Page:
Child sex ratio: Punjab's job only half done: experts
Punjab might have improved its child sex ratio over a decade, but the state still has a long way to go. As per Census 2011, the state's child sex ratio is 846 girls per 1,000 boys, up from 798 in Census 2001. During a meet on the decennial survey here on Wednesday, experts said an increase of 48 points was appreciable, but Punjab was still among the laggards, just ahead of Haryana, whose child sex ratio is 830.chandigarh Updated: Jan 17, 2013 00:04 IST
Punjab might have improved its child sex ratio over a decade, but the state still has a long way to go.
As per Census 2011, the state's child sex ratio is 846 girls per 1,000 boys, up from 798 in Census 2001. During a meet on the decennial survey here on Wednesday, experts said an increase of 48 points was appreciable, but Punjab was still among the laggards, just ahead of Haryana, whose child sex ratio is 830.
"There is a need to demystify the Pre-Conception and Pre-Natal Diagnostic Techniques (PC-PNDT) Act, 1994, for the common man" said New Delhi-based Dr Sunil Mehra. He said if a woman wanted to go for abortion, her right should not come in conflict with the Act.
The meet was organised by non-governmental organisations (NGOs) Voluntary Health Association, Punjab, and Action Aid, New Delhi.
Former health minister Laxmi Kanta Chawla said, "Awareness campaigns and creating fear of punitive action can make a change. Such measures can turn things around, as seen in Nawanshahr and Fatehgarh Sahib districts."
Fatehgarh Sahib district, which had Punjab's lowest child sex ratio (766) in Census 2001, improved to 843 in Census 2011, while Nawanshahr district also made a significant improvement from 808 to 879.
Chawla stated that patriarchal norms prevalent in society were one of the causes of female foeticide. She said the Akal Takht needed to be asked as to how many people had been declared 'tankhaiya' for conducting sex-determination tests.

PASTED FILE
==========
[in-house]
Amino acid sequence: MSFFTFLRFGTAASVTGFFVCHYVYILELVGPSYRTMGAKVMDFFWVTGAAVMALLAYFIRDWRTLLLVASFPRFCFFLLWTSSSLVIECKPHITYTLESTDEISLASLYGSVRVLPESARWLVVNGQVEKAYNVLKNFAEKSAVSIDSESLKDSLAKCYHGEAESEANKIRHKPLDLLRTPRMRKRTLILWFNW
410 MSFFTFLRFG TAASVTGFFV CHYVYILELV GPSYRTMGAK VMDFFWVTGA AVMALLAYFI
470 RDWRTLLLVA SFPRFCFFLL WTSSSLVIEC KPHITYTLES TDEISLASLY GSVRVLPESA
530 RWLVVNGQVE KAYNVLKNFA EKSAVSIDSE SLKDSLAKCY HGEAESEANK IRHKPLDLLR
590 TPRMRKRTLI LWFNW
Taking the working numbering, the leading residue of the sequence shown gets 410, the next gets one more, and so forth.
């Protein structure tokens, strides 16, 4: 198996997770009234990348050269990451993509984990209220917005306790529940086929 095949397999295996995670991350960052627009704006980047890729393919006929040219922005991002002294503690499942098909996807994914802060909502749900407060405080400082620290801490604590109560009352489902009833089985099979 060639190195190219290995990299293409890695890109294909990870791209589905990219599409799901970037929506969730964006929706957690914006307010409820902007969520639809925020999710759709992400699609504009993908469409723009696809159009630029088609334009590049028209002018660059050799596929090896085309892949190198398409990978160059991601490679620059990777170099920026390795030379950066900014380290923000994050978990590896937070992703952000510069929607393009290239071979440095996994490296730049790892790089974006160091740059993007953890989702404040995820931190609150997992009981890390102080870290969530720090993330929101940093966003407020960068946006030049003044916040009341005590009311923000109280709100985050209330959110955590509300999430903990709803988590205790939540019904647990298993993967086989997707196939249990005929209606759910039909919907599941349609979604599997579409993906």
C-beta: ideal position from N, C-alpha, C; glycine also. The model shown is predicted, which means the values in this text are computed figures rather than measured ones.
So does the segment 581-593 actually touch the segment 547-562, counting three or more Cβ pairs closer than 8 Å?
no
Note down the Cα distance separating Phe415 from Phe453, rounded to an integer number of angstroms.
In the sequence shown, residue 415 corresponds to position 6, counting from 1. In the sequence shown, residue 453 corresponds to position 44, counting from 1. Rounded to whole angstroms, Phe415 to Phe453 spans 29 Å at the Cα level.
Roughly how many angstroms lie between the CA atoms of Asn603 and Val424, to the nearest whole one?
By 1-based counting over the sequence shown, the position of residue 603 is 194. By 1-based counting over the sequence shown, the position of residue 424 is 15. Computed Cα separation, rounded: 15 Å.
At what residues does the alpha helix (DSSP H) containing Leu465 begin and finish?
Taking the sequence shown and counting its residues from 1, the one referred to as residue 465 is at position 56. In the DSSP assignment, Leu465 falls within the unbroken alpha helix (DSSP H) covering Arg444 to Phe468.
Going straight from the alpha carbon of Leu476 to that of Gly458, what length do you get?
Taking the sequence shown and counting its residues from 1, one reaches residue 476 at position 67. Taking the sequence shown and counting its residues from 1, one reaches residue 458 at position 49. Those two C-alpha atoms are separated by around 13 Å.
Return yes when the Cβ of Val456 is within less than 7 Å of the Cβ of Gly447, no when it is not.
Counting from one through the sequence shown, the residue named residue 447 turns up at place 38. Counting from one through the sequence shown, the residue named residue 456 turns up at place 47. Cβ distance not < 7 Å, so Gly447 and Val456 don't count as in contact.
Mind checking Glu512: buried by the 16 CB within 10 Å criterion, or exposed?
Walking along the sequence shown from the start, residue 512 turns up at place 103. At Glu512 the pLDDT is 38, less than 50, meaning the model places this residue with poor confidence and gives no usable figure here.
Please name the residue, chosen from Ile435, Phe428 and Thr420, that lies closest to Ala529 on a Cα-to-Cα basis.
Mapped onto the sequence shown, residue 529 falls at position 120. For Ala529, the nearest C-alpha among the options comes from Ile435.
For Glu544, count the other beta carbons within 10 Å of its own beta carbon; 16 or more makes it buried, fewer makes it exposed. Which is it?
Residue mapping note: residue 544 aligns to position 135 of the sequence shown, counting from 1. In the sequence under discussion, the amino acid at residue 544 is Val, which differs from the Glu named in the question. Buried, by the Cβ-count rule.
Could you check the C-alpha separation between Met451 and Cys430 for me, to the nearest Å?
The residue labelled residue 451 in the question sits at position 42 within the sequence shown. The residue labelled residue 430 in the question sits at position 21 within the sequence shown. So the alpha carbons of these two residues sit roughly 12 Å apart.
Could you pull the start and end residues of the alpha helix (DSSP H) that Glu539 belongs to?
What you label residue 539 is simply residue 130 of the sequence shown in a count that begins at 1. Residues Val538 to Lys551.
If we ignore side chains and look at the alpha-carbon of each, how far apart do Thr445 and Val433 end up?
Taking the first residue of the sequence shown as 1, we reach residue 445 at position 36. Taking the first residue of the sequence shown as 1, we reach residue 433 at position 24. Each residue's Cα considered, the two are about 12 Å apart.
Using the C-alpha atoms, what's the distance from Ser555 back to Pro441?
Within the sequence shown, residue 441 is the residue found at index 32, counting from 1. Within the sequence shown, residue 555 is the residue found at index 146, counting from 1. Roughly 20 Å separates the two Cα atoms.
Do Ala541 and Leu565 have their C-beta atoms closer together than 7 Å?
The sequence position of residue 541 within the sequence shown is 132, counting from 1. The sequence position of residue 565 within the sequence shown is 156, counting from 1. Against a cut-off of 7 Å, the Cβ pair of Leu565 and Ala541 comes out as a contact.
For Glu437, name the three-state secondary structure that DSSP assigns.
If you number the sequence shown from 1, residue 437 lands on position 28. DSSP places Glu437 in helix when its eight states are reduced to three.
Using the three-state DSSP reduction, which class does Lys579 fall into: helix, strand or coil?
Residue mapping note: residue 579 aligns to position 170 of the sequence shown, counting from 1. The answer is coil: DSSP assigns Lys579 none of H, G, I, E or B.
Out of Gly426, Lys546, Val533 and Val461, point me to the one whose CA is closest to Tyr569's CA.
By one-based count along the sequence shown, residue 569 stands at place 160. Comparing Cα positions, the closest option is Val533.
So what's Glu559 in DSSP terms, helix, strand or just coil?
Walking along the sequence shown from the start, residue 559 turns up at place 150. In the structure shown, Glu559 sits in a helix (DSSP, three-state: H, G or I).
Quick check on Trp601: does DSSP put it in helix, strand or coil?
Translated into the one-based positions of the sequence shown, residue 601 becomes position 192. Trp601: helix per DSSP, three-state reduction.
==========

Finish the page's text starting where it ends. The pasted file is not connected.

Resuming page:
When Bhai Manjit Singh, former jathedar of Akal Takht, was asked why no action was taken against erring doctors, he said: "The Takht high priests are in a position to answer the question." Manjit Singh was at the helm when the Akal Takht issued a hukamnama (edict) in 2001, telling people to shun female foeticide.
Reena Singh of the Population Research Centre, Panjab University, Chandigarh, said: "Awareness campaigns should focus on men who force women to undergo sex-determination tests. The problem is acute in the landed gentry. It has been found that people from the so-called elite class, who are educated, show preference for sons."
Pyare Lal Garg, executive director, State Health Systems Resource Centre, Punjab, said the gender issue should not be seen in isolation. "The problem needs to be placed in the larger context of social, economic and political crisis."
On the future course of action, Dr Mehra, who is also a board member of Action Aid, said society should consider women equal to men. "Government schemes for women should not be sugar-coated as welfare schemes but as something that they are entitled to. While drafting schemes for women, the approach should be right-based, not welfare-based," he added.